Vitriol in the Capitol

Hyperbolic rhetoric poisons productive deliberations in Congress.

Editorial board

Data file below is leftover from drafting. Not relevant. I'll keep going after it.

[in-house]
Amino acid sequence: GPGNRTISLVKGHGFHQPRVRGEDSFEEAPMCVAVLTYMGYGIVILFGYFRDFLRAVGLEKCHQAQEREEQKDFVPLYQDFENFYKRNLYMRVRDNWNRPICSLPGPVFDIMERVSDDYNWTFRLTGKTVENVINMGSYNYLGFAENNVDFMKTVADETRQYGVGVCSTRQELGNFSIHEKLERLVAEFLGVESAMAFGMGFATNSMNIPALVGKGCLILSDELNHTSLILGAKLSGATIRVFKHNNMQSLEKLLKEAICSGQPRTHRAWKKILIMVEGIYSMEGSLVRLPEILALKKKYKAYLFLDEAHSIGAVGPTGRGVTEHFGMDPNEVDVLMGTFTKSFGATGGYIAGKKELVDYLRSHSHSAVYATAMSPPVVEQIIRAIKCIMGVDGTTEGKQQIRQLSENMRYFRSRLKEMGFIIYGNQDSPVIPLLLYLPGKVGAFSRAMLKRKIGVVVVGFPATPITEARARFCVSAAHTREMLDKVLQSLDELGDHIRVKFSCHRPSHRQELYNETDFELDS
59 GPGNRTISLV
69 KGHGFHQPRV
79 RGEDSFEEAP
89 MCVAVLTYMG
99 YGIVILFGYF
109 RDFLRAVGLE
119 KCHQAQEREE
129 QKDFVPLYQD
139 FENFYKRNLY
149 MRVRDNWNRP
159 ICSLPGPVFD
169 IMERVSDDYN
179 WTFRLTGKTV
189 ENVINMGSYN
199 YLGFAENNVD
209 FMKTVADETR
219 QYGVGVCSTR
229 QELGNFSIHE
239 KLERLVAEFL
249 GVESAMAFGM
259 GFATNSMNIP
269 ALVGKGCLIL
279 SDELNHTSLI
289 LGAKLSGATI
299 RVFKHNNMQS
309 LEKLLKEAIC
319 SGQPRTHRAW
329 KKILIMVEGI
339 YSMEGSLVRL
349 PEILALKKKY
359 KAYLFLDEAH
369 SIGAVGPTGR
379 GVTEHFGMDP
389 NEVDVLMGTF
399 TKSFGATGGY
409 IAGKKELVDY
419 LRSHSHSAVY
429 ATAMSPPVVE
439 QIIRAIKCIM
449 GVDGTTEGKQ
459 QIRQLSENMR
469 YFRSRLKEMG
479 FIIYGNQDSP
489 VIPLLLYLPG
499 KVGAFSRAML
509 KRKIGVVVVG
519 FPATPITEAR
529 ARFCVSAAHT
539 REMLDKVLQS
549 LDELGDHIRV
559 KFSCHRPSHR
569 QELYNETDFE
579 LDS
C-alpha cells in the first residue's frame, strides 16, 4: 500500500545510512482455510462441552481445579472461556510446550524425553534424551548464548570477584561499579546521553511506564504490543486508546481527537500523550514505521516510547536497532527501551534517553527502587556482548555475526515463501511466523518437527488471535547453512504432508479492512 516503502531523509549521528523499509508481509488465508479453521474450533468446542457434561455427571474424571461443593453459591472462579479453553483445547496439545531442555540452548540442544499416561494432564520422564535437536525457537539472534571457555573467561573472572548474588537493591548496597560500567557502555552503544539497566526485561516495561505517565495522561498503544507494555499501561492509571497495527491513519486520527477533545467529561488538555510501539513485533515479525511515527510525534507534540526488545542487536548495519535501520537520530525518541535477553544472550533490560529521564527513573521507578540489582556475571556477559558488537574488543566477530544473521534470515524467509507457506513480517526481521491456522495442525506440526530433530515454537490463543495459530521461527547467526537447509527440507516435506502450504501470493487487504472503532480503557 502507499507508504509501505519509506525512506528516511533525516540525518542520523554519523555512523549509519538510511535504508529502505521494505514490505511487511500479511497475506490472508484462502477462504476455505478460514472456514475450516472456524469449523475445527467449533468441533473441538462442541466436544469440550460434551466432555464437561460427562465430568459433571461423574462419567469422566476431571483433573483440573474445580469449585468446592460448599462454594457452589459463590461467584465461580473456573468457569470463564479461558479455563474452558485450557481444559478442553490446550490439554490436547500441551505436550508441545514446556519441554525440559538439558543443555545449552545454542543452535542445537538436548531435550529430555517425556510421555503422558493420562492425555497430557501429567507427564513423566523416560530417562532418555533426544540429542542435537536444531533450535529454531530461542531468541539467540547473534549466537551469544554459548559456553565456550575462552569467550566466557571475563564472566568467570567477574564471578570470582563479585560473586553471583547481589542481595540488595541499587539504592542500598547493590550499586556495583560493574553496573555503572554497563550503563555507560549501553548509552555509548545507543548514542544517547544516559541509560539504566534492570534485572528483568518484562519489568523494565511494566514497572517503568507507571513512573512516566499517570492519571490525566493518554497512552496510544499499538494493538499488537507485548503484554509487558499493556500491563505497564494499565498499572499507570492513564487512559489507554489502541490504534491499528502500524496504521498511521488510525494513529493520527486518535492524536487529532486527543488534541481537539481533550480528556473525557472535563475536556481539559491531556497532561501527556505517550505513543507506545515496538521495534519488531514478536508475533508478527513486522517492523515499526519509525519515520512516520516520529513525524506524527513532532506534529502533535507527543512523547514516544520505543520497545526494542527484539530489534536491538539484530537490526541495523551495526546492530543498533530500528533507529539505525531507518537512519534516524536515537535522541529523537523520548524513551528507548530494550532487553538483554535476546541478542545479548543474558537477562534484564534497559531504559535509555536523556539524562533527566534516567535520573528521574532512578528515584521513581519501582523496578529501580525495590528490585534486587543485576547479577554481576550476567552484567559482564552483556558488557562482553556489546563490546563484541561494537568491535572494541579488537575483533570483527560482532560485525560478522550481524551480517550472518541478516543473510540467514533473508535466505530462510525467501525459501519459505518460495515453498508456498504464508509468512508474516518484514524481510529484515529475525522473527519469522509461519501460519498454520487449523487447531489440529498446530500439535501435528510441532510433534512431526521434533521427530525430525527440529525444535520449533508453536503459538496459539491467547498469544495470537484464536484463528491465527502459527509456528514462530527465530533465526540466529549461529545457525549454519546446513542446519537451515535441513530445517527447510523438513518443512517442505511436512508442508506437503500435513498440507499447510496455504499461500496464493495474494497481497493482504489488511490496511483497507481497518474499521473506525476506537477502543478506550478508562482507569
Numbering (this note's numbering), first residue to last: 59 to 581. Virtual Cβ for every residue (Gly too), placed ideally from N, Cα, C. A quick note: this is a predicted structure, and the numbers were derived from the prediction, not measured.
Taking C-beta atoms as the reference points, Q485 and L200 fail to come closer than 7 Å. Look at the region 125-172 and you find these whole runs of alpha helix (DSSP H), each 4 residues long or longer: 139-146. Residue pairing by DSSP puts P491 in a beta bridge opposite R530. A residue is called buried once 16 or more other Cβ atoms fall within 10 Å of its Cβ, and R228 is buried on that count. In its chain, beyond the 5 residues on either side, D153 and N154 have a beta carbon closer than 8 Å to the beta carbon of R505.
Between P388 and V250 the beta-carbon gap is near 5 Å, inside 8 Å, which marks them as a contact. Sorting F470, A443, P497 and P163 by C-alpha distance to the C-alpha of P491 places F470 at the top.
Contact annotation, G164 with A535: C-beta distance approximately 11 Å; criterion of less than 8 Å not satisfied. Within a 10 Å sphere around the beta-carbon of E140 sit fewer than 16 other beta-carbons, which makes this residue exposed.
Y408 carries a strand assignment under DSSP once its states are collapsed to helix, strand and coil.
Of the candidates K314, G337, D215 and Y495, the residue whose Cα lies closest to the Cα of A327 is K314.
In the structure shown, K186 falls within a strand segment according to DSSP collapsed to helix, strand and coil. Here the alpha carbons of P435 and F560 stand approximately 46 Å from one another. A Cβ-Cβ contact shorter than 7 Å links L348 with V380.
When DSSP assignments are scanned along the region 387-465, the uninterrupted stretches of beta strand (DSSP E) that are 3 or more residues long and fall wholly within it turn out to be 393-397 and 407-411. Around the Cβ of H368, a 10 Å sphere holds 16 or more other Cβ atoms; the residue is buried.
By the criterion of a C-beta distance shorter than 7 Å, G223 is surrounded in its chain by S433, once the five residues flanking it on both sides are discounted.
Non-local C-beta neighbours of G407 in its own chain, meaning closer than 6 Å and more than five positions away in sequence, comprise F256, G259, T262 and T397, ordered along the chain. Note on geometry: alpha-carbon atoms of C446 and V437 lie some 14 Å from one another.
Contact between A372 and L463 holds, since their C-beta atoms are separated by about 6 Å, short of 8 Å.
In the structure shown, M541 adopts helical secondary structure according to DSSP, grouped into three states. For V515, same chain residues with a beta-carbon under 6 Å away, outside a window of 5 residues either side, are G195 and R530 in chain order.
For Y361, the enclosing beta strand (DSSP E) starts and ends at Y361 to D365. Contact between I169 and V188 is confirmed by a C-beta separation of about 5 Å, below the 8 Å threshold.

Ethics watchdog Citizens for Responsibility and Ethics in Washington (CREW) filed a complaint last week against Rep. Michele Bachmann, RâÄìMinn. CREW contends that Bachmann violated House rules by failing to get a permit for her âÄúSuper Bowl of FreedomâÄù rally and used her taxpayer-funded Web site to promote the rally against health care reform legislation. Bachmann and Republican leaders addressed a crowd that held aloft signs comparing DemocratsâÄô health plans to the Holocaust, complete with photographs of Dachau, and passed downtime by chanting âÄúweasel queenâÄù in reference to Speaker Nancy Pelosi. Bachmann and her colleagues are of course entitled to criticize and demonstrate as they see fit. But such hateful rhetoric âÄî aside from being profoundly offensive to the legacy of the Holocaust âÄî dehumanizes and disrespects political opponents, polarizes the public and erodes the possibility for genuine dialogue. Unfortunately, such vitriolic politicking is characteristic of the current state of dialogue on both sides of the aisle in Washington. Rep. Alan Grayson, DâÄìFla., for his part, claimed recently that his oppositionâÄôs idea of a health plan was for sick patients to âÄúdie quickly.âÄù Disagreements over policy are expected and should be encouraged in a healthy democracy. However, once these differences begin to take the form of deeply oversimplified, hyperbolic or ad hominem attacks that routinely apply extreme labels like un-American, Communist or Fascist, we step down the dangerous road that once led us to McCarthyism. Such senseless aggression has no place in the halls of Congress, nor anywhere in our public debate. If politicians set the bar so low, it is up to citizens and the media to set it higher.